HowTo Setup Linux AutoFS

First of all, let me tell you that I am a fan of the supermount feature that had been floating around a long time but Linus was stupid enough to overlook the potential for benefit to home pc and work pc users. He seems to be more interested in bringing linux all that SMP stuff for extreme-used webservers and other LAN server stuff. Yes, we all can benefit from this as it makes the OS better in lots of ways, but at the same time some of the changes do simply break the supermount feature over and over again. The supermount feature does currently work fine with all devices that can signal their state to the kernel, most prominently the modern ATAPI cdrom device which can tell to the software when the tray opens, so that the kernel can always be sure that the same disk is in there. But for stupid devices like a floppy disk the supermount logic will be broken in every third linux minor version you get - just don't count on it.

Maybe I have to note that even RMS (Richard M. Stallman) has asked on the linux-kernel mailinglist whether linux could be made to support a logic just like windows/msdos had with their drive letters, at least somewhat similar, and everybody pointed to supermount as the name of the feature. However, the supermount logic is not the only answer to the actual problem - all we really want is to insert a cdrom or floppy disk into its drive and then just access it, read it, write it, and take it out again with no mysterious "mount" and "unmount" commands inbetween - or see the cdrom drive locked when forgetting about it.

The other answer to the problem is generally called "automounter" and some kind of automount facilities and automount daemons have a long tradition in unix history - with the bsd automounter having the fame to have been popular for quite a time. The linux kernel does now ship the necessary stuff to setup an automount daemon, and these features work reliably. Furthermore, all linux distributions will ship along the autofs daemon and init.d startup script to start the automounter - and preinstall an /etc/auto.master and /etc/ configuration file. AFAICS, Mandrake is the only distribution to ship a default kernel with supermount, whereas autofs is available in all distributions.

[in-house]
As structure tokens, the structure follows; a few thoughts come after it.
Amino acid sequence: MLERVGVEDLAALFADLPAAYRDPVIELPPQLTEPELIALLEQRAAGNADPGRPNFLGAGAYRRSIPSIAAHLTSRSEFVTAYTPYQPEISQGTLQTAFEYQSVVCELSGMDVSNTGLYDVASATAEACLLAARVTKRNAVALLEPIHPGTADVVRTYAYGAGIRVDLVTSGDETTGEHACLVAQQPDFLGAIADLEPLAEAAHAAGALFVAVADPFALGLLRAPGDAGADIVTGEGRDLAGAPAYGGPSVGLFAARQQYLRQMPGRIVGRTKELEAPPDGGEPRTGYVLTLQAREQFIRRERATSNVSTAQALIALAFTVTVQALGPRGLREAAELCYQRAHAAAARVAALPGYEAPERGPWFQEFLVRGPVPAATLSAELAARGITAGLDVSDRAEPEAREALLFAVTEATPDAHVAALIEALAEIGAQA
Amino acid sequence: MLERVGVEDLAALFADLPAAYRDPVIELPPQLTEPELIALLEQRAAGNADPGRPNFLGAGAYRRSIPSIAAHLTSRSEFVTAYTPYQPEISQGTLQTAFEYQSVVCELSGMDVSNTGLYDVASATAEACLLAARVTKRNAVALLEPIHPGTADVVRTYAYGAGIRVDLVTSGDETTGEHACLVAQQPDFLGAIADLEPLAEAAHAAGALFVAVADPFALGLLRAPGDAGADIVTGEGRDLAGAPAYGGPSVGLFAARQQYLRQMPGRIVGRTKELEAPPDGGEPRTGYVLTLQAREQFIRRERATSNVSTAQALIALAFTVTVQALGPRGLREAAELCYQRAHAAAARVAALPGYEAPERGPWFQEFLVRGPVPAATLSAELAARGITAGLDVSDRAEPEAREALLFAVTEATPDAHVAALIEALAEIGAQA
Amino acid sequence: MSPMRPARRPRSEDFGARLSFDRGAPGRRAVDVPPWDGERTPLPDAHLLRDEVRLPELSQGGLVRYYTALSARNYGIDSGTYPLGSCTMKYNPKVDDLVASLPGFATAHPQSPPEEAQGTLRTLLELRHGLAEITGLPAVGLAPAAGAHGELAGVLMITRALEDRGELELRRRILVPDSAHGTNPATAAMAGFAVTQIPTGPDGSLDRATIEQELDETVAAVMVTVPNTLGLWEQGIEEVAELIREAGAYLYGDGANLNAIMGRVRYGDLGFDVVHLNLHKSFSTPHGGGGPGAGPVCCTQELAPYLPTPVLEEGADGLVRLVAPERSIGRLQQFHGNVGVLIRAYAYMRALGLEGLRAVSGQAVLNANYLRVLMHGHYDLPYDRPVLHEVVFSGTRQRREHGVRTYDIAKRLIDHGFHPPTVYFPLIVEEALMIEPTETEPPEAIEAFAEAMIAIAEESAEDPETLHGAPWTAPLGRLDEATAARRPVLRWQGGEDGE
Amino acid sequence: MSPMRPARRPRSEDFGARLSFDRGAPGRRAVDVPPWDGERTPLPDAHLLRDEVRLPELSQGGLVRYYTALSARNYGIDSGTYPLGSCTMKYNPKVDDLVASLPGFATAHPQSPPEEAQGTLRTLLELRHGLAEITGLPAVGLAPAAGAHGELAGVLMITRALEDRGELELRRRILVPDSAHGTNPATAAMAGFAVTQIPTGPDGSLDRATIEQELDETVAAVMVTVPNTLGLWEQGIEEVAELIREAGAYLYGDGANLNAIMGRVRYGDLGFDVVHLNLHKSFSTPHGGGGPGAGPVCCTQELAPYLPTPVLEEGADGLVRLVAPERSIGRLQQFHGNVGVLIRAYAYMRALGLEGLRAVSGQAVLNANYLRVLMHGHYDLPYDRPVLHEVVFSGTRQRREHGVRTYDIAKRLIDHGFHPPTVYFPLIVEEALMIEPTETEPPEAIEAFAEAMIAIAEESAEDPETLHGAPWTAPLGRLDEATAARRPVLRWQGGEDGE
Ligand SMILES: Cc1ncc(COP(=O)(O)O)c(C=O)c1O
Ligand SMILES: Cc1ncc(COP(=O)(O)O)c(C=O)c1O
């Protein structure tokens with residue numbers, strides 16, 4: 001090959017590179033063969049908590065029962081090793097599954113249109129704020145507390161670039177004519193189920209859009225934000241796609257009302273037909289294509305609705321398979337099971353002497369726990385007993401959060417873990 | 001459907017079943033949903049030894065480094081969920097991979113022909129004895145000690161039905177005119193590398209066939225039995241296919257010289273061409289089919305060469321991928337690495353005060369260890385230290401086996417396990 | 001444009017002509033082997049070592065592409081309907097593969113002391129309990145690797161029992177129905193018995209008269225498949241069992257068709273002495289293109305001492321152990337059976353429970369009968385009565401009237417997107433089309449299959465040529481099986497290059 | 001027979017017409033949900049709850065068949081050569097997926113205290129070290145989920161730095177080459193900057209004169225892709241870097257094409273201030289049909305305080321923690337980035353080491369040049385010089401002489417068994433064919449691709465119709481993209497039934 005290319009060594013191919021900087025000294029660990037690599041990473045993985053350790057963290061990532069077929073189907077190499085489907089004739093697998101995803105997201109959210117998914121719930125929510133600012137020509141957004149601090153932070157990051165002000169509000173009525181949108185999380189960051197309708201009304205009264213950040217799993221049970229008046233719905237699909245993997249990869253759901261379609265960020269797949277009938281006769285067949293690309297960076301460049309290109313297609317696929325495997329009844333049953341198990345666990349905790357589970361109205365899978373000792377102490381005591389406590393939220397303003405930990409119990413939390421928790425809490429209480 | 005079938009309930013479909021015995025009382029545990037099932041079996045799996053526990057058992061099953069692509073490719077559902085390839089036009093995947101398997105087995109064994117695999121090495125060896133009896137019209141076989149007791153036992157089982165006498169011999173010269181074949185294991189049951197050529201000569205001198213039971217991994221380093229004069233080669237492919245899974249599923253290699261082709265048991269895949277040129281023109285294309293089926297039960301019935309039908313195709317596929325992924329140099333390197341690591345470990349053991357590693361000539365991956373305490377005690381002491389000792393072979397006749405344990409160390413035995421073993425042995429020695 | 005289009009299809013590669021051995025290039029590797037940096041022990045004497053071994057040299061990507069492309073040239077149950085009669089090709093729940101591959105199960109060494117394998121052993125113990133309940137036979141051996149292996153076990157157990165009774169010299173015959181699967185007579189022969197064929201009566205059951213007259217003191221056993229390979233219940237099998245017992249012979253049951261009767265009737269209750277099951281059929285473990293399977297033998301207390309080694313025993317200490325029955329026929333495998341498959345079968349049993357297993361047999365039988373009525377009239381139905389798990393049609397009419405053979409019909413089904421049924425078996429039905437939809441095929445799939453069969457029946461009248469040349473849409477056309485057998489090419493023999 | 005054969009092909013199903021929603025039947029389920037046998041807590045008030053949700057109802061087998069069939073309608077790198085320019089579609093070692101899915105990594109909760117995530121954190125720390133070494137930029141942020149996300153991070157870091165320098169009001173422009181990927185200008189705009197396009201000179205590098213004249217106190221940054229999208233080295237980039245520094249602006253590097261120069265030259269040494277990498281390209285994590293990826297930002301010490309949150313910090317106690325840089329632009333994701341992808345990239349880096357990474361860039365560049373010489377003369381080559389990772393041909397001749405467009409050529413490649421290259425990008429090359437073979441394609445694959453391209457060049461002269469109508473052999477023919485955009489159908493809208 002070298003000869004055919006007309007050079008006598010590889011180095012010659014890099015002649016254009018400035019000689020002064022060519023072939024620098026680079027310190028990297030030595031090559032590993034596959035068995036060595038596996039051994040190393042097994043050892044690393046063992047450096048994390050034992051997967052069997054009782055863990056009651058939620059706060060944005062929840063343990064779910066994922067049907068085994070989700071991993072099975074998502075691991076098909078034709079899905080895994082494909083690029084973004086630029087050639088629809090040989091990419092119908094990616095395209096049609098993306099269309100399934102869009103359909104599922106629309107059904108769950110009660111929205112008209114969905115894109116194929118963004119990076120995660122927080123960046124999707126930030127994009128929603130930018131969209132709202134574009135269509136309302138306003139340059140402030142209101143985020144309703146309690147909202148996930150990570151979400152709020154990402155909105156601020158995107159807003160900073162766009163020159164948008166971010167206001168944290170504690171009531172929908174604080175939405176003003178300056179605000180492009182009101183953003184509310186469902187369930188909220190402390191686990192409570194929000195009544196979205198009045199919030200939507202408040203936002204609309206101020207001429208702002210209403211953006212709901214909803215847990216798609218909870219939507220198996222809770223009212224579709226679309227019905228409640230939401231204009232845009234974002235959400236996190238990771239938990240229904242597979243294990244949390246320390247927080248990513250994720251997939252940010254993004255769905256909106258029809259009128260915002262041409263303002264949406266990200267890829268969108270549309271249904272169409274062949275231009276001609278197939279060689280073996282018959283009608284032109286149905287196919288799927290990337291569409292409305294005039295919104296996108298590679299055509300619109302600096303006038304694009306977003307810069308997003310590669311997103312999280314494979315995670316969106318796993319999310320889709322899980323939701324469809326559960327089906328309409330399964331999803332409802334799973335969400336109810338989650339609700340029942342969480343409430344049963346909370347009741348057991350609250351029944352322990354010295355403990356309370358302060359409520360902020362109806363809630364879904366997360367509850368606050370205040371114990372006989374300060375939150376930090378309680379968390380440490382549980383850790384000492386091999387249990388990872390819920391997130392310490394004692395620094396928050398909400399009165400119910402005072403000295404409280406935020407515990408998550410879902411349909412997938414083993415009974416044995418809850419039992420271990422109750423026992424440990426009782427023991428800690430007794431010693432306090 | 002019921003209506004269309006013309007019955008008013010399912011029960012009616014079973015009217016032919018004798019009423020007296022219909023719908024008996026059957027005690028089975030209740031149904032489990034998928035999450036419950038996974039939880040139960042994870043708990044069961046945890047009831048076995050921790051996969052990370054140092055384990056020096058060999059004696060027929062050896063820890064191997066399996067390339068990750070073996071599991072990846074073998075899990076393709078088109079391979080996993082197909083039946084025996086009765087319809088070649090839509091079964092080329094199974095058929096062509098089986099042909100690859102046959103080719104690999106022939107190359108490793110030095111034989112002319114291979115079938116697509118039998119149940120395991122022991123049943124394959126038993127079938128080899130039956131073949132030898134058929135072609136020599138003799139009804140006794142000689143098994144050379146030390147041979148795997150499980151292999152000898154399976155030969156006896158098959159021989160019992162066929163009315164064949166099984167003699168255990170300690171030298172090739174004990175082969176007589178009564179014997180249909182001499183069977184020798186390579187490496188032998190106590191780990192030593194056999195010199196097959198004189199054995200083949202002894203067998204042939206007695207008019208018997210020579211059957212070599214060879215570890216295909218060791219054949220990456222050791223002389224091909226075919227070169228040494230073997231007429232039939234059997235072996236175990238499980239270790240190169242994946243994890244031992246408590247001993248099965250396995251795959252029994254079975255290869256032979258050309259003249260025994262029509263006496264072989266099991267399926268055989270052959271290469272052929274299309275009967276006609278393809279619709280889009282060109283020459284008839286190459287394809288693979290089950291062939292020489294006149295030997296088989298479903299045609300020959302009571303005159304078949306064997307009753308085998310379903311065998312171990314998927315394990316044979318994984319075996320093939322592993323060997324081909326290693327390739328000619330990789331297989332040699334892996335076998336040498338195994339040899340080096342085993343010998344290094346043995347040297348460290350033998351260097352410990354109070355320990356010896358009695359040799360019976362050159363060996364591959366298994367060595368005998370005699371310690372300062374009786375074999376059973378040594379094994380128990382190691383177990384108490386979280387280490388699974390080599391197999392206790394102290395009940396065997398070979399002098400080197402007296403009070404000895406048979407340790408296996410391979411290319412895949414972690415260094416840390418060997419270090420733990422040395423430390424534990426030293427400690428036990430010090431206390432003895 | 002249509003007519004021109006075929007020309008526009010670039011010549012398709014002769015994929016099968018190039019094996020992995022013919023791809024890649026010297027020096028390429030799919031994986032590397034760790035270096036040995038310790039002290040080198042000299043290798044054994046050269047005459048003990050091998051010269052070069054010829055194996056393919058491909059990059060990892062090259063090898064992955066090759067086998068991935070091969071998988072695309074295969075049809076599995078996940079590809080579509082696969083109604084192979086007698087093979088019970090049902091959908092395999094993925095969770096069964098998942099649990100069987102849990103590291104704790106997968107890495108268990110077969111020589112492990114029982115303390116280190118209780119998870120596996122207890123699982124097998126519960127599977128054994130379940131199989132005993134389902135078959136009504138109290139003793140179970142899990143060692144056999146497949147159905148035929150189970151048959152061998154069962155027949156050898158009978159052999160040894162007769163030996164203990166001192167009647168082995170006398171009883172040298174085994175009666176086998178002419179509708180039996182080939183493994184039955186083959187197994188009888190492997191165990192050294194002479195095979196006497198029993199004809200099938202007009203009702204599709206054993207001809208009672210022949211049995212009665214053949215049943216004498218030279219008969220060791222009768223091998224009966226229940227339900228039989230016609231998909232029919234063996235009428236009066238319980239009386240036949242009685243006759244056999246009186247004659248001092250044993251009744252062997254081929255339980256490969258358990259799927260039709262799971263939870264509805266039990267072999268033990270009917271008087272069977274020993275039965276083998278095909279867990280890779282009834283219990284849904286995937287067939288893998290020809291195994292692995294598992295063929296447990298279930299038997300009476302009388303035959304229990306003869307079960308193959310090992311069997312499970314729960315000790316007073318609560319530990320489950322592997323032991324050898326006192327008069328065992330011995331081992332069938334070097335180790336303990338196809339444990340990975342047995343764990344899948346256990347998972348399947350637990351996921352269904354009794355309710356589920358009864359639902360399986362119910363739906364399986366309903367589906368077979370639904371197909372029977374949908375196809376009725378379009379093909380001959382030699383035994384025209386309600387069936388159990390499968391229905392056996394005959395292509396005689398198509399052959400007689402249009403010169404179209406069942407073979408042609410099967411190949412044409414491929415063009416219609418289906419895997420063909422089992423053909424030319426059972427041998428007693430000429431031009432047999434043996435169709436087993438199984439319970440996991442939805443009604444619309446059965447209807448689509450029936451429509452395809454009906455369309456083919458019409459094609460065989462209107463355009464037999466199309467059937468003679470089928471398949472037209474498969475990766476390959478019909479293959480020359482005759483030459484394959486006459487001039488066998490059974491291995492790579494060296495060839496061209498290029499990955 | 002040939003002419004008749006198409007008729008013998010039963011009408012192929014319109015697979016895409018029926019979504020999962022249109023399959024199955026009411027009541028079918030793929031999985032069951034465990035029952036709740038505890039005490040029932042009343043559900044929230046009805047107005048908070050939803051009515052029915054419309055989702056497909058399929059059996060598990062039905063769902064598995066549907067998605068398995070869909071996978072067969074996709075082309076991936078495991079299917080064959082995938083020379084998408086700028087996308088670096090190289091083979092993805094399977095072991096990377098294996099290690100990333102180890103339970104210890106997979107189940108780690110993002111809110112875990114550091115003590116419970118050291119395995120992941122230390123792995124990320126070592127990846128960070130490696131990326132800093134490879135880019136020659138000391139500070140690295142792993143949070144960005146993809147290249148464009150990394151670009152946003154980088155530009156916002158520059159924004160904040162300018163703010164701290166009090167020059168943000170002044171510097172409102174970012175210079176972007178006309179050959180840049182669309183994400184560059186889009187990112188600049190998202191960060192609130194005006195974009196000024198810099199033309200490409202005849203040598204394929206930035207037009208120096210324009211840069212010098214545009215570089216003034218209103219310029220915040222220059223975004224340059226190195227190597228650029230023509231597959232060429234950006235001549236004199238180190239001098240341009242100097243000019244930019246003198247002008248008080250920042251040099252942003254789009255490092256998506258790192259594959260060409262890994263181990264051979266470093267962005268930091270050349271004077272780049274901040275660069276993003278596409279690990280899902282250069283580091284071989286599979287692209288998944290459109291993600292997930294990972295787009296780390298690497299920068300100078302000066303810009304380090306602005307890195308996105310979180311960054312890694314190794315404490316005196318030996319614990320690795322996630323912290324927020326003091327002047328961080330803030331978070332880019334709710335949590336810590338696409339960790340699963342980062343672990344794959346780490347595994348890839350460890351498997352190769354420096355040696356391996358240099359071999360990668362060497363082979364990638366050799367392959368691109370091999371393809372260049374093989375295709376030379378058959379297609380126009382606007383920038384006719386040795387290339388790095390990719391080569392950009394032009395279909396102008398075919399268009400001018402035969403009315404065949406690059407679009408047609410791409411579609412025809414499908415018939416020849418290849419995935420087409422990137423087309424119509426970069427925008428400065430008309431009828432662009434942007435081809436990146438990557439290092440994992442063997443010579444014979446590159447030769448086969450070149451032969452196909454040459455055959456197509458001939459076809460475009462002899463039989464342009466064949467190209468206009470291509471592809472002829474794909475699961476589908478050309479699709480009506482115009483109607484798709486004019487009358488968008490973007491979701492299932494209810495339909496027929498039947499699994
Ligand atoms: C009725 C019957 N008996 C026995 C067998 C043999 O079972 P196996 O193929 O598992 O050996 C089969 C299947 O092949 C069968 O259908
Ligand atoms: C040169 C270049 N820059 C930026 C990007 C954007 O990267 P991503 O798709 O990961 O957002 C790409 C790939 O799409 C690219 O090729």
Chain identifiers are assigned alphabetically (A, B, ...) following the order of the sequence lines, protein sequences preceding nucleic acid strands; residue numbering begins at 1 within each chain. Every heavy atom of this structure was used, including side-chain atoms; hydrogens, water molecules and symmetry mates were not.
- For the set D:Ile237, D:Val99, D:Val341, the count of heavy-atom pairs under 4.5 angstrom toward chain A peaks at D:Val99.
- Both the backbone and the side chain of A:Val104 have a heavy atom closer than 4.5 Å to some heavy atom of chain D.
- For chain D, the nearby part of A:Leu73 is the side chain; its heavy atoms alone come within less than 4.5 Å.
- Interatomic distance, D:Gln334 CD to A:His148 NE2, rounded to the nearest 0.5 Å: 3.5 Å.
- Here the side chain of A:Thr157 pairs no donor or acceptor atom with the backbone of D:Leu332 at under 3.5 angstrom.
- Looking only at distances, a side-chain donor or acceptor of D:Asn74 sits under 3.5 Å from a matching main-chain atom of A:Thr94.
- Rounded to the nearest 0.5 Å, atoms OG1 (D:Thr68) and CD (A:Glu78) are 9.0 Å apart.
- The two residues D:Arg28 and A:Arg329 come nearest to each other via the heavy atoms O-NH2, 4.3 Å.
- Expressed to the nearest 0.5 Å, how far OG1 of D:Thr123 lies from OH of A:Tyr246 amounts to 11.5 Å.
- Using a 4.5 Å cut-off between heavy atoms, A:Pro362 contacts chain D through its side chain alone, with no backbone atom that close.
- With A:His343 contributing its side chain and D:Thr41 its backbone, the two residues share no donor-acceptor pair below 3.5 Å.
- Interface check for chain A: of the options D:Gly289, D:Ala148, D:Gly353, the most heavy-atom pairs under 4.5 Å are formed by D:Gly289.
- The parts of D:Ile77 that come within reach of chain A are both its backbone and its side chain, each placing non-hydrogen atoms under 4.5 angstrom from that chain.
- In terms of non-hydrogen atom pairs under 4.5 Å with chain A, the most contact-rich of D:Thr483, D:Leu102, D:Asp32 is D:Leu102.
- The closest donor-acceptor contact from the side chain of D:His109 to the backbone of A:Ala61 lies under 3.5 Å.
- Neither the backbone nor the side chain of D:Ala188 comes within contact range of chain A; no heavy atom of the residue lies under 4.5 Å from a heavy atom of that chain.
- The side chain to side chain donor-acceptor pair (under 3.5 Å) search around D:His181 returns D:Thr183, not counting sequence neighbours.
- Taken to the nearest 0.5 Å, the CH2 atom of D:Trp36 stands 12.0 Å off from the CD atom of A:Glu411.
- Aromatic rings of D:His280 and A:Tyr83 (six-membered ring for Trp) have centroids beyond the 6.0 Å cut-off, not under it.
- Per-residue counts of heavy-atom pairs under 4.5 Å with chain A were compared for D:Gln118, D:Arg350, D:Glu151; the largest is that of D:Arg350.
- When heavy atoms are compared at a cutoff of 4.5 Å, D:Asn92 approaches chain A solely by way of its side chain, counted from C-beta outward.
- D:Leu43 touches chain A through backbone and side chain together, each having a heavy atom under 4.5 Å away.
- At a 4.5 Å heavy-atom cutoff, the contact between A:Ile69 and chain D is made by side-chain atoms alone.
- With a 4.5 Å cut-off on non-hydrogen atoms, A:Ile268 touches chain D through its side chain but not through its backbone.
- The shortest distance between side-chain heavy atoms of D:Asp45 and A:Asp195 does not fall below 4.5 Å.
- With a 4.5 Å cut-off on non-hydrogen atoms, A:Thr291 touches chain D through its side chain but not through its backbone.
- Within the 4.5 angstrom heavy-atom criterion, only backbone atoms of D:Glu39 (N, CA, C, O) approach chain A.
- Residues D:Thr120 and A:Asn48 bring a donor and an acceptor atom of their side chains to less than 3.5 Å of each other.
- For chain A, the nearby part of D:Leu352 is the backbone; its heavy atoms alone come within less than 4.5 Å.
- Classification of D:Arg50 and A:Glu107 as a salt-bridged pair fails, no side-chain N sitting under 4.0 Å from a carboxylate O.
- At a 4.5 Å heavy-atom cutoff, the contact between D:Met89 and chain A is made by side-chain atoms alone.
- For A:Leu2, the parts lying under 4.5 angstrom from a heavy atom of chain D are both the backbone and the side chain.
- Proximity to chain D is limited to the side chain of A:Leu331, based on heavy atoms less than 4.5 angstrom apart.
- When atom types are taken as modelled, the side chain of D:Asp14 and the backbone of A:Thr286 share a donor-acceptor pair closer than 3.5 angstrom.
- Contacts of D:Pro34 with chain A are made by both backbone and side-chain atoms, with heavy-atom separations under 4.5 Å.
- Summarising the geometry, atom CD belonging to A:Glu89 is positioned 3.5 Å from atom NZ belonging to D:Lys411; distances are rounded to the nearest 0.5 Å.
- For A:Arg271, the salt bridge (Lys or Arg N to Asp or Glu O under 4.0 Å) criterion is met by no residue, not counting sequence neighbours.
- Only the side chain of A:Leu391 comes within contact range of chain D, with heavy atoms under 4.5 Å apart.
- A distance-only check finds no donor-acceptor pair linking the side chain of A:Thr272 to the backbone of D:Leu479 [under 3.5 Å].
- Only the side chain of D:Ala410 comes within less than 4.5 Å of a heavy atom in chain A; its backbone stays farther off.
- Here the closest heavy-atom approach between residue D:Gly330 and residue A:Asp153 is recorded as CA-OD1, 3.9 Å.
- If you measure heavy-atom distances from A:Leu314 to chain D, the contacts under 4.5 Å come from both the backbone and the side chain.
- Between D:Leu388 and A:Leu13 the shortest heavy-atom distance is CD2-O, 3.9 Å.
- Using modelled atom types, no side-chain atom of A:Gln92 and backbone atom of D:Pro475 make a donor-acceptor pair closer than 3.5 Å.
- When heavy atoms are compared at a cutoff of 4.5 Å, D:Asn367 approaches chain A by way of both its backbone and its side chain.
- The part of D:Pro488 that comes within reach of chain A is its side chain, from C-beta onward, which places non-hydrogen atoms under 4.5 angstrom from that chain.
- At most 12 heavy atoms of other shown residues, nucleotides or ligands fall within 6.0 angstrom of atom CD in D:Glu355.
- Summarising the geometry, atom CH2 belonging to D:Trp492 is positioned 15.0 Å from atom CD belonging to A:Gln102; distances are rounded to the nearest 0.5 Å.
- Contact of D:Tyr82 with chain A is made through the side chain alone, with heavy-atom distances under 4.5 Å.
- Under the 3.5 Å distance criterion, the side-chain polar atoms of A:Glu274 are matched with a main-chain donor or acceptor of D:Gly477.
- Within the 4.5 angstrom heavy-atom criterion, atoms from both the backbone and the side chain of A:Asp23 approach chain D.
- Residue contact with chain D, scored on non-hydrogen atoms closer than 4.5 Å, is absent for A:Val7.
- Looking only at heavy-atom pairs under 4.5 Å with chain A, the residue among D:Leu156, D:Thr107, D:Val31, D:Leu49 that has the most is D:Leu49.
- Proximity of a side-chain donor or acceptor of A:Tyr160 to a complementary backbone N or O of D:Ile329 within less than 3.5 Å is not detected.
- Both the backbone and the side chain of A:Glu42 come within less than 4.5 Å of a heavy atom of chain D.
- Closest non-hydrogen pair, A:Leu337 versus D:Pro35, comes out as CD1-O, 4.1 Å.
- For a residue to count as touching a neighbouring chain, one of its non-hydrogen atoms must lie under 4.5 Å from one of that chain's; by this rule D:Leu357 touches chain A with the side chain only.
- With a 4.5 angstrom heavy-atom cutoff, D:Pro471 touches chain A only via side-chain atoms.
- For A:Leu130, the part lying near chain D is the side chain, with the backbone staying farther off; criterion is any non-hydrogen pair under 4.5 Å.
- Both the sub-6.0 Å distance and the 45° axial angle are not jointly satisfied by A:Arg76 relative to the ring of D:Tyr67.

Well, if that would be so easy, there would no need to make up a howto about this feature, you know - the autofs feature is not actually meant for drives with removable media (so is the technical term) but it was meant to automount harddisk on another PC, somewhat like a windows network share in SMB speak, similar to what the samba service can do for you. This automount scheme means that you just need to try to access a /net-path (as specified in /etc/ and the harddisk partition will be mounted to your local disk tree for just as long as you need it. When there is no activity on the net-volume then the automounter will automatically unmount the network-share again, and usually this is done after a couple of minutes - just compare this with your favourite screensave that blanks your monitor after a few minutes (or even "lock"s the desktop) and so does the automounter daemon - it will "sync" all changed-data back to the net-volume and unmount it, just to be safe since the other PC could possibly get shut down somehow.

However, we can use the automount feature for us and some removable media type drives on the local computer - the trick is that we do not use an umount-timeout of 600 seconds (the internal default of the autofs daemon) and we do not use 60 seconds either (which is the usual default that most init.d/autofs scripts will use or which you will find as "--timeout 60" in the /etc/auto.master file) but we use a much shorter value - something that a common user will not recognize as a timespan or anything the user could get nervous about when waiting. Just choose a timespan between 3 seconds and 6 seconds and it will work. If you are going to install the autofs feature for a user who does not know about mount/umount in the first place, then it is a good idea to use 3 seconds.

That way, you can write some data to the floppy disk, and about three seconds later the computer will actually write the data as the magic "unmount" will have to sync the data back that was just cached before in the PC core. Likewise there is no problem when you just read some data of the cdrom and then quickly try to open the tray with the button on the forefront. It might happen that you see the disk locked in - but the next hit on the button will finally open it and give the CD back to you. Well, unless of course some shell of yours is currently still chewing on the directory of the disk itself. Sometimes you have to look through your "file commanders" and see to get out of the cdrom's directory so that the automounter can do the actual "unmount".